Although we most often associate Australia with tropical diving on the Great Barrier Reef, the island-state of Tasmania off its southern tip offers a temperate-water paradise. Indeed, Tasmania’s tip sits closer to Antarctica than it does to most of the Great Barrier Reef. Water temperatures range from around 59 F (15 C) in summer (January through March) and can drop down to 52 F (11 C) in winter (June through September). Divers will want at least a 7 mm wetsuit but will be far more comfortable in a drysuit. But the cooler temperatures are worth it: shipwrecks, sea caves, crystal-clear water, dolphins, seals and schools of fish thousands strong are just a few highlights of scuba diving in Tasmania.
Diving here is primarily via day boats and towering dolomite rocks line the best dive sites. Staying on shore is the only option, however, since no liveaboards operate in the area.
Shallow-water dives can mean interaction with seals and dolphins while deep dives feature curtains of densely packed pink butterfly perch. To get the most out scuba diving in Tasmania, it’s worth being qualified as a deep diver as the seafloor can reach a depth 130 feet (40 m) on some dives.
Getting to Tasmania means flying through one of Australia’s major cities, such as Sydney or Melbourne. If you’ve got a vehicle in Australia you can bring it across from the mainland on an overnight car ferry. Once in Tasmania, some dive shops offer affordable onsite accommodation, although there are plenty of Airbnb or hotel options as well.
Types of scuba diving in Tasmania
Sea caves with multiple passages and easy swim-throughs are rare in the diving world, but Tasmania features some of the planet’s most accessible environments. Huge passageways lead you underneath headlands, allowing divers to surface in a different bay than the one they began in. Tight spaces may mean squeezing through a small gap or two, but multiple exits fill the passageways with light and their sheer size means you’re never diving in the dark. Rocky cave floors means there’s no silt or particles, so it’s impossible to kick up the bottom or get lost because of a silt-out.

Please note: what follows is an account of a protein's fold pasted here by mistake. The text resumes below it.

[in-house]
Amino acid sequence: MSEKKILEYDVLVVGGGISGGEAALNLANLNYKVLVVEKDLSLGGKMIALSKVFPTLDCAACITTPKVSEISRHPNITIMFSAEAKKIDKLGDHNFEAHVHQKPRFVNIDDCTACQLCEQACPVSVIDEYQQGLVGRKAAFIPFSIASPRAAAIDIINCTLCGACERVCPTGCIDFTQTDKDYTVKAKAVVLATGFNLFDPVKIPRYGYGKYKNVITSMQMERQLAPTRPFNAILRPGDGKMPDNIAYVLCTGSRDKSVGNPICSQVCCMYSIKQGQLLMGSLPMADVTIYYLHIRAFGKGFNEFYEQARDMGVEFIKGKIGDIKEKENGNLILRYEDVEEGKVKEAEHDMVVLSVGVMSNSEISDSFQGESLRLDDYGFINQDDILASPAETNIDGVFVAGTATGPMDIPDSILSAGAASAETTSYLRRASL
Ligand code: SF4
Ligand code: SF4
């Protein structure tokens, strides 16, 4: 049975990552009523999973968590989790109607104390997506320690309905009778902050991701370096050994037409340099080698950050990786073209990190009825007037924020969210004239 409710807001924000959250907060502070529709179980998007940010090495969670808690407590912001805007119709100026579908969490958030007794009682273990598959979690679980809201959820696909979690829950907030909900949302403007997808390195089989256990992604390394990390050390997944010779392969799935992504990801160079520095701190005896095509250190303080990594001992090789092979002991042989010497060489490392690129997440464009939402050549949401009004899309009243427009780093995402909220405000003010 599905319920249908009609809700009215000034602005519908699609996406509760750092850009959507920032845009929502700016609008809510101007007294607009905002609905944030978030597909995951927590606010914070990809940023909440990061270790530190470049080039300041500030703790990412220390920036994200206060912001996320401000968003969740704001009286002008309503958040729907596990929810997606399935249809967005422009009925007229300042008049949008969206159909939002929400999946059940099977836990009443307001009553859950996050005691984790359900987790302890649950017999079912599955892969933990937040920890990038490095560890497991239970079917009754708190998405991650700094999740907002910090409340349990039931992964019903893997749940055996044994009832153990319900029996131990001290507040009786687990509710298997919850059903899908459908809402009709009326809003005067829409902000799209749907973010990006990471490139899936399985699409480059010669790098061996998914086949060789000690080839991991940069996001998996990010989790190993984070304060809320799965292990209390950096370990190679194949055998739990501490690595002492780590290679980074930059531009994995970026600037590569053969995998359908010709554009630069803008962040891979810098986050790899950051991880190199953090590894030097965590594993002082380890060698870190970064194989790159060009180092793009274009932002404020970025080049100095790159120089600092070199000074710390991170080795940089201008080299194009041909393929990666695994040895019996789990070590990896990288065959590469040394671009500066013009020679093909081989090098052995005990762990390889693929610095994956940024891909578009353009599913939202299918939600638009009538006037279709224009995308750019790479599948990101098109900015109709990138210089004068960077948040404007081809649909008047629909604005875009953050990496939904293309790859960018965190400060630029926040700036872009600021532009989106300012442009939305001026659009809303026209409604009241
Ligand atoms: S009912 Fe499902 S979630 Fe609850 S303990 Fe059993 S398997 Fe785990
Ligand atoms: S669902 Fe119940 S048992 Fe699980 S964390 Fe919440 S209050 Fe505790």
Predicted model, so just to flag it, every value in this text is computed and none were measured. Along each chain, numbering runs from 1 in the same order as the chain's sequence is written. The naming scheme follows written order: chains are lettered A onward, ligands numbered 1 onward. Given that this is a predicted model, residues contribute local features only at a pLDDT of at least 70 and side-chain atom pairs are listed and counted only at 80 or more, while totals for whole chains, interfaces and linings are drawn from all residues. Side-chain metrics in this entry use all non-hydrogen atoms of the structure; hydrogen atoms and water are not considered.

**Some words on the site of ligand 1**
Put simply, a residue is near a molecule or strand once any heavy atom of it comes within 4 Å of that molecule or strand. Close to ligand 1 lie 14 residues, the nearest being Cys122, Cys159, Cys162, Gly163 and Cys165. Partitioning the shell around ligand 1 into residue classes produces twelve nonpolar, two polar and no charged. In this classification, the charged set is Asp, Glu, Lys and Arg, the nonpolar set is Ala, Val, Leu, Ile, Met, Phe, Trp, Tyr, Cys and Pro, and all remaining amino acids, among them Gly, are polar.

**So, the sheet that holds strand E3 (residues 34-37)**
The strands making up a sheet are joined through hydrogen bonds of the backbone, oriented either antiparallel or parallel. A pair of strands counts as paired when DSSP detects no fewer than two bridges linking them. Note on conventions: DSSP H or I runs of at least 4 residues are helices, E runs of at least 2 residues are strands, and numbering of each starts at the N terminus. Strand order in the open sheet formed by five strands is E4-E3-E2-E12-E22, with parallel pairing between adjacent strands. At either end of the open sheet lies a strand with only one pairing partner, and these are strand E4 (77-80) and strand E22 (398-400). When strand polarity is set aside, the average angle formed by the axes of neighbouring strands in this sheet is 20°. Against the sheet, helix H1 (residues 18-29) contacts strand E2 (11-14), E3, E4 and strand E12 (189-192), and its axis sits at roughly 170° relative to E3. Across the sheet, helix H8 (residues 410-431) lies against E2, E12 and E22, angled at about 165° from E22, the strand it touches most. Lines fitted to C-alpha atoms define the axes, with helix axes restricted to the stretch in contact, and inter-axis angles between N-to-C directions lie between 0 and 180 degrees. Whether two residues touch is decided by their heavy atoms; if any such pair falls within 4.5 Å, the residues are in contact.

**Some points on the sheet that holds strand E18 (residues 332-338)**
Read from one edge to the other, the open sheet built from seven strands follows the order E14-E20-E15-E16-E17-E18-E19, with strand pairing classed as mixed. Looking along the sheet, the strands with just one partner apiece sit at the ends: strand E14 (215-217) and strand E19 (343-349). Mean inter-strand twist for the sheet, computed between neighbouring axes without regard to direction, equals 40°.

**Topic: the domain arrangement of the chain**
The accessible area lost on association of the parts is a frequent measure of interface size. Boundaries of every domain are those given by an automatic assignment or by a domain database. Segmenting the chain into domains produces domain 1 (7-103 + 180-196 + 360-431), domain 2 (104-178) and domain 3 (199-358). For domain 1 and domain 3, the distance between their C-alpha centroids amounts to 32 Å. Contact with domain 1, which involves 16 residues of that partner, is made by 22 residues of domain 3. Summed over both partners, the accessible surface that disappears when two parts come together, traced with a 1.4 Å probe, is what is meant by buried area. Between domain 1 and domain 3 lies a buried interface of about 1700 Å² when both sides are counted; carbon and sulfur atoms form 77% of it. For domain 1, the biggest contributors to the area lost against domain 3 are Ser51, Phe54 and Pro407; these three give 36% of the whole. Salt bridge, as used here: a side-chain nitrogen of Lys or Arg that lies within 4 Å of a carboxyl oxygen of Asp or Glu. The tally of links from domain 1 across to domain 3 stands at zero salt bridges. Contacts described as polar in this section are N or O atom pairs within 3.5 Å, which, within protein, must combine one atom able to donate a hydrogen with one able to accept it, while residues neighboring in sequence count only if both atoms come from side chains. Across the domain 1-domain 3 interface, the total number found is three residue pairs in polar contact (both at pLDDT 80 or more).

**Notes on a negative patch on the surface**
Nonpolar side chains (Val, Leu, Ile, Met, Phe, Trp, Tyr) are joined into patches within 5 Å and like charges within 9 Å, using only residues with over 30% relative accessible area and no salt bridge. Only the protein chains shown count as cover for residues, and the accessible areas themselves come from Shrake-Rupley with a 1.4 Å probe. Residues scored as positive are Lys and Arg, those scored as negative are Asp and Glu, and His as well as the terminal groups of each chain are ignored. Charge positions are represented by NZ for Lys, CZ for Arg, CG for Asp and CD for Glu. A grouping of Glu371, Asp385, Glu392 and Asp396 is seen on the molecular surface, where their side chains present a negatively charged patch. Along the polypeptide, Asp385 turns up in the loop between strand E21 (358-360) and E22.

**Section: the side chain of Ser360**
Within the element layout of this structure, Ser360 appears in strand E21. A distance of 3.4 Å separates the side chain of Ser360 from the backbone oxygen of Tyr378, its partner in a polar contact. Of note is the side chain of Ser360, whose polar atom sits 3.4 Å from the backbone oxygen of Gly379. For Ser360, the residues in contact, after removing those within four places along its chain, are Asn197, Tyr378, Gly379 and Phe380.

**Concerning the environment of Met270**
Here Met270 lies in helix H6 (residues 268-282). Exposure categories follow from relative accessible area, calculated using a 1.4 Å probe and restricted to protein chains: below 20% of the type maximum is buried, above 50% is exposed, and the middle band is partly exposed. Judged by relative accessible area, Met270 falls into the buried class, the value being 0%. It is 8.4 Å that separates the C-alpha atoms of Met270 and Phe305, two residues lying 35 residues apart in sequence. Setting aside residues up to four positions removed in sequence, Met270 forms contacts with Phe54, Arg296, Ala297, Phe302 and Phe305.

Dozens of seal colonies dot the spectacular coastline, a tourist highlight in itself. Hundreds of these beautiful and humorous animals spend their days sleeping on the rocks, splashing around in the shallows, or chasing fish around deep shipwrecks. Dive in the shallow water with these comedians of the sea or, more likely, encounter them serendipitously while you’re just going for a dive. Curious seals commonly approach divers on their safety stops, looking for a few minutes of fun while they take a break from catching fish.
Multiple ships have wrecked off Tasmania’s coast. The most famous — and exciting — of these is the Nord. The steamship was loaded with loaded with 12,000 cases of benzine (petroleum)
in 1915 as it headed from Melbourne to Hobart when it struck an uncharted rock in the passageway inside the Hippolyte Rocks. It now sits between 114 and 130 feet (35 and 40 m), still mostly intact. After a dive or two you can easily recognize the vessel’s bow and stern, along with other nautical features. The visibility is often so clear that the sun shines down through the water, illuminating the entire wreck. Plentiful fish populate the wreckage, swimming in and out of vibrant sponges and corals, while beautiful zoanthids add more uncommon hues to the mix. Whether you are into nature or wreck diving, the Nord has something for everyone.
Descending on a wall dive is uncommonly special in Tasmania. Enormous quantities of fascinating invertebrate life covers the walls, and one such animal stands out above the rest. Yellow zoanthids number in the hundreds of thousands, coating walls so that yellow is all you see in every direction. This makes for an unforgettable view. As you reach the deeper sections, gigantic sponges adorn every rock and thousands of fish swim by or simply hang around in the open ocean. At times it feels as though you are swimming in an ocean made of fish rather than water. The Sisters dive site is one of Australia’s best wall dives, let alone Tasmania. Following enormous underwater pillars down to the seafloor, you pass through multiple colorful habitats before reaching areas where you’ll see more fish than ever before in your life.
Whales and dolphins
While sightings are never guaranteed, whales do migrate down the coastline with their young at certain times of year. It’s of course pure luck if you manage to see one underwater. Dolphins are more common, often enjoying the wake a boat makes as it zooms along the coast. You’ll see them following boats for up to half an hour as they frolic in the waves and play games, often popping out just a few feet away. If you’re really lucky you may have a chance to snorkel with them. Once the boat stops, they will often hang around beneath it for five or 10 minutes. If you are geared up and ready, it pays to jump in for a glimpse.